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Why I propose barriers to Facebook entry

We've all heard the jokes and seen the memes: that you shouldn't be able to use social media unless you aren't a) a troll, b) a racist, C) a misogynist, d) deathly stupid or e) Donald Trump.
But I propose something a little more concrete. Actual plug-ins. Integrated functionalities. That I believe Facebook users in particular would appreciate. They should function as a barrier to entry, so that if a user cannot pass a basic but specific test, he or she cannot use the platform.

(c) Thomas Pajot -

Here’s an overview…

1. A comprehension captcha

If a Facebook user is unable to read a short piece of text and comprehend, with a significant degree of accuracy, the messaging conveyed within, without making up his own version of the writer’s meaning or missing the point completely, he should be unable to leave a comment in relation to that post.

2. A narcissism altimeter

If a user develops a history of sharing semi-nude selfies, glistening full body shots, duck-face photos or a snapshot reflected in any kind of bathroom mirror, she should be required to undertake a narcissism self-test before posting further content. She should also be stringently vetted, in a separate process, for her use of #justsaying, #sorrynotsorry, #blessed and #lovemylife.

3. An anti-assholery gauge

If a user appears to be striding through Facebook with the objective of being an asshole to others, whether in the form of troll-y comments, bigoted content, or mean bullshit that starts with ‘Sorry, but…’, he should have his access curtailed. This functionality, for practical purposes, might also be integrated with a ‘dipshit dipstick’, to proactively weed out assholes-in-training.

4. An integrated irony plug-in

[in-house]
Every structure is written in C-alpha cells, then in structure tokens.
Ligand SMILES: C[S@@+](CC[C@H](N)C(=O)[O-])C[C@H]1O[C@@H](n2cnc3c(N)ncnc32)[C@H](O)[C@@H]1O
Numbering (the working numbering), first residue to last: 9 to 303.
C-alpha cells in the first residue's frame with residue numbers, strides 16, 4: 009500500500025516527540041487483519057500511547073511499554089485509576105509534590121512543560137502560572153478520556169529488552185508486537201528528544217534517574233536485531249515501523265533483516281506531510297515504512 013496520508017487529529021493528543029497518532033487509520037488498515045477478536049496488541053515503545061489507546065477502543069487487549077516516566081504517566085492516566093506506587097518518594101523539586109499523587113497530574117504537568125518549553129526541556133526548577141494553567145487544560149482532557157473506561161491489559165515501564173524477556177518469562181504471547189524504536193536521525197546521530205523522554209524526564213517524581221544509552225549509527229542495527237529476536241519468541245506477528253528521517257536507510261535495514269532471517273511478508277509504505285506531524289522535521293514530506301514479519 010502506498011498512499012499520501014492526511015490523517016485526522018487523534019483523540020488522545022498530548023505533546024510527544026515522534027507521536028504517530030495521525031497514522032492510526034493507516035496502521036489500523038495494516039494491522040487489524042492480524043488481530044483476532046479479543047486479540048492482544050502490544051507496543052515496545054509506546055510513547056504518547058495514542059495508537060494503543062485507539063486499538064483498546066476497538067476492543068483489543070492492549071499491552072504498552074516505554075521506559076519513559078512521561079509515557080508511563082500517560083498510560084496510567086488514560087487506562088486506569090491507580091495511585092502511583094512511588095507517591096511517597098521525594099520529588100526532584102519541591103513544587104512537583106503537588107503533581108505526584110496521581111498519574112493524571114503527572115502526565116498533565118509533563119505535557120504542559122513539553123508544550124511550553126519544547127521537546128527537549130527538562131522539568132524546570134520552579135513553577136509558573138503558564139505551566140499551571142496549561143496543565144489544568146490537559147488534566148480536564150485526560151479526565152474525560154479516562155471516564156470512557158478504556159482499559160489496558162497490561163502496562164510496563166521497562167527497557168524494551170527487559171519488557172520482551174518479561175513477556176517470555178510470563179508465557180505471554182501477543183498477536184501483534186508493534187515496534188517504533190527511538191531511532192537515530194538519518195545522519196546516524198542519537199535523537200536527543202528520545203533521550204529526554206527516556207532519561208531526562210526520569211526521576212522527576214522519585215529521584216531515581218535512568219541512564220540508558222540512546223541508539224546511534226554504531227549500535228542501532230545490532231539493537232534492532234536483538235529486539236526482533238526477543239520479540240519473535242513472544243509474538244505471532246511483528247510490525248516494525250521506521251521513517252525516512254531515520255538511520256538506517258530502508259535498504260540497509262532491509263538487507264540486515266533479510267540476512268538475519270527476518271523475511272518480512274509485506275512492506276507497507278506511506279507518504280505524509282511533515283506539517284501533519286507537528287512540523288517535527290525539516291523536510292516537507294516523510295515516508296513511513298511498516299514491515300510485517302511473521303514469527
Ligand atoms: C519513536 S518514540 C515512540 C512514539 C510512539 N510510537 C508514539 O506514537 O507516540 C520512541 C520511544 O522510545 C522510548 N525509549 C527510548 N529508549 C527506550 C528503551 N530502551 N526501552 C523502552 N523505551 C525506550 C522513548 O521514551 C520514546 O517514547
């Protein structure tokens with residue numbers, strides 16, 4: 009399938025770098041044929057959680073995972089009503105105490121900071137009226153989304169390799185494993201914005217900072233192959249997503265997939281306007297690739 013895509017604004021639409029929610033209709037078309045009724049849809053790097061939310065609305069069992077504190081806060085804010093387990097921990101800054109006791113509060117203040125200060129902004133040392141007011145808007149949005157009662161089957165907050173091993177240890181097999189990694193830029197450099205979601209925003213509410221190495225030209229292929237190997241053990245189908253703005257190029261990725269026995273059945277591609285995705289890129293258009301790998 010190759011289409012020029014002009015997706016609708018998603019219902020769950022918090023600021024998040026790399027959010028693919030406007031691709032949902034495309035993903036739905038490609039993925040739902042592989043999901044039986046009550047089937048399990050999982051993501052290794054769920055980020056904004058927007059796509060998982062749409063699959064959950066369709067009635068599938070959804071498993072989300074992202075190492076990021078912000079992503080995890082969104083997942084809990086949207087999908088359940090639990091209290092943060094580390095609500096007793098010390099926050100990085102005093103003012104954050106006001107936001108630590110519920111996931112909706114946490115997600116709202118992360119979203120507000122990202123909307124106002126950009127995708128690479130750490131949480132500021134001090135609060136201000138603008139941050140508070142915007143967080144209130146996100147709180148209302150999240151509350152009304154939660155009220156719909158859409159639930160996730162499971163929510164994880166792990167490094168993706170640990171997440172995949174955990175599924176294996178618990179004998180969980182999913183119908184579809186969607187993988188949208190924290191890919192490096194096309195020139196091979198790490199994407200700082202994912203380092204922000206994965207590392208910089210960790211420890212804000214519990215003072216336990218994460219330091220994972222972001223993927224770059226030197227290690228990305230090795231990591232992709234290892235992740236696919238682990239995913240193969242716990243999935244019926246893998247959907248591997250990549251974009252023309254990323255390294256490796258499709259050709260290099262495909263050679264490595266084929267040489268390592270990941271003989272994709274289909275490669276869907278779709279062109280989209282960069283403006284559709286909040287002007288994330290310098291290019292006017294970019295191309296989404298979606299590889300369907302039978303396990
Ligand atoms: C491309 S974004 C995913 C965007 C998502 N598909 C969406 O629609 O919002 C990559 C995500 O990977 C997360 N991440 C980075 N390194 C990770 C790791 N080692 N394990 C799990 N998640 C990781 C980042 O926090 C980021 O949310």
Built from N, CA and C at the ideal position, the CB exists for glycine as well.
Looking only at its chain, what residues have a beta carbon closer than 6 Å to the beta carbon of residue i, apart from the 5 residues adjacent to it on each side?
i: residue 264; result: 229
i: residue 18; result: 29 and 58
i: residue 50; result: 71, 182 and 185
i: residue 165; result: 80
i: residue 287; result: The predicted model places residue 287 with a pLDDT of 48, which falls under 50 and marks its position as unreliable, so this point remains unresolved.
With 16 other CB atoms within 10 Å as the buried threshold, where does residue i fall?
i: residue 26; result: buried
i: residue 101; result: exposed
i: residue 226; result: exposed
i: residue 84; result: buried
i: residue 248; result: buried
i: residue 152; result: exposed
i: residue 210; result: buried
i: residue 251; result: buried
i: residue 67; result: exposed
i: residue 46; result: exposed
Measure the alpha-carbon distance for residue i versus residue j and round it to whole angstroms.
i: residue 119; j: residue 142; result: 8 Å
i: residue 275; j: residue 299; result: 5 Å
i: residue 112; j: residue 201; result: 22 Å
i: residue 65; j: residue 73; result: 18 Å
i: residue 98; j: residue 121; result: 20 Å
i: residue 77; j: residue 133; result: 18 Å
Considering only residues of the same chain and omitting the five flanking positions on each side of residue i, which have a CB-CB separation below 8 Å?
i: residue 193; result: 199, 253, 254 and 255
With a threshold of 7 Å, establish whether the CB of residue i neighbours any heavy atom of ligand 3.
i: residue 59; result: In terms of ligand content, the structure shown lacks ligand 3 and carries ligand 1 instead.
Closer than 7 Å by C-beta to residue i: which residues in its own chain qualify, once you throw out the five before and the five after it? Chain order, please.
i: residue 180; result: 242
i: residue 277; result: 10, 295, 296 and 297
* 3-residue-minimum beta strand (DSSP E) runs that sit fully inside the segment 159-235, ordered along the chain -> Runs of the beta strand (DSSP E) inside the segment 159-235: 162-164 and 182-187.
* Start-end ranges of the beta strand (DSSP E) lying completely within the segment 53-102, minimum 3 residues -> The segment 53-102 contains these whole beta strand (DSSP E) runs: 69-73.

If a user is manifestly deficient in intellect – resulting in being patently unable to identify the use of dramatic, situational or verbal irony; tolerate a well-intentioned joke; or recognise a spoof, parody or instance of satire; she should have her account fitted with an integrated irony plug-in.

5. A basic spelling self-test

If a user cannot, at first attempt, correctly use the following words (with or without the aid of a spell-checking plug-in or online dictionary), he should not be able to share opinions on Facebook:

  • Lose / loose
  • Its / it’s
  • Their / they’re / there
  • Of / off
  • Quite / quiet
  • To / too / two

Now, these are the Fantastic Five, if you will, but there are three others that, based on demand, might be worthwhile as well: the overshare indicator; the anti-whinging widget; and the all-important heartstrings margin (for users who compulsively share photos of animals looking for ‘a forever family’).

If you have the contacts (a cousin who knows someone who knows Uncle Mark, maybe?) or the brains to assist with this development, I’d appreciate it. If not, I’d like to know what I’ve left out. What functionalities do you think should be a barrier to entry on social media? Sound off in the comments.
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About Tiffany Markman

Tiffany Markman is a highly opinionated copywriter, copy editor and writing trainer who has worked for over 300 clients worldwide. She hates misplaced apostrophes, old-fashioned business writing and the word ‘revert'. She loves generous paragraphing, art, skulls and black coffee. Read more at, email , follow @tiffanymarkman on Twitter and sign up for her newsletter.
Gordon Hall
Fully agree but FB would never allow it. Membership would plummet by at least 90 percent and advertising revenue would disappear.
Posted on 14 Aug 2017 14:30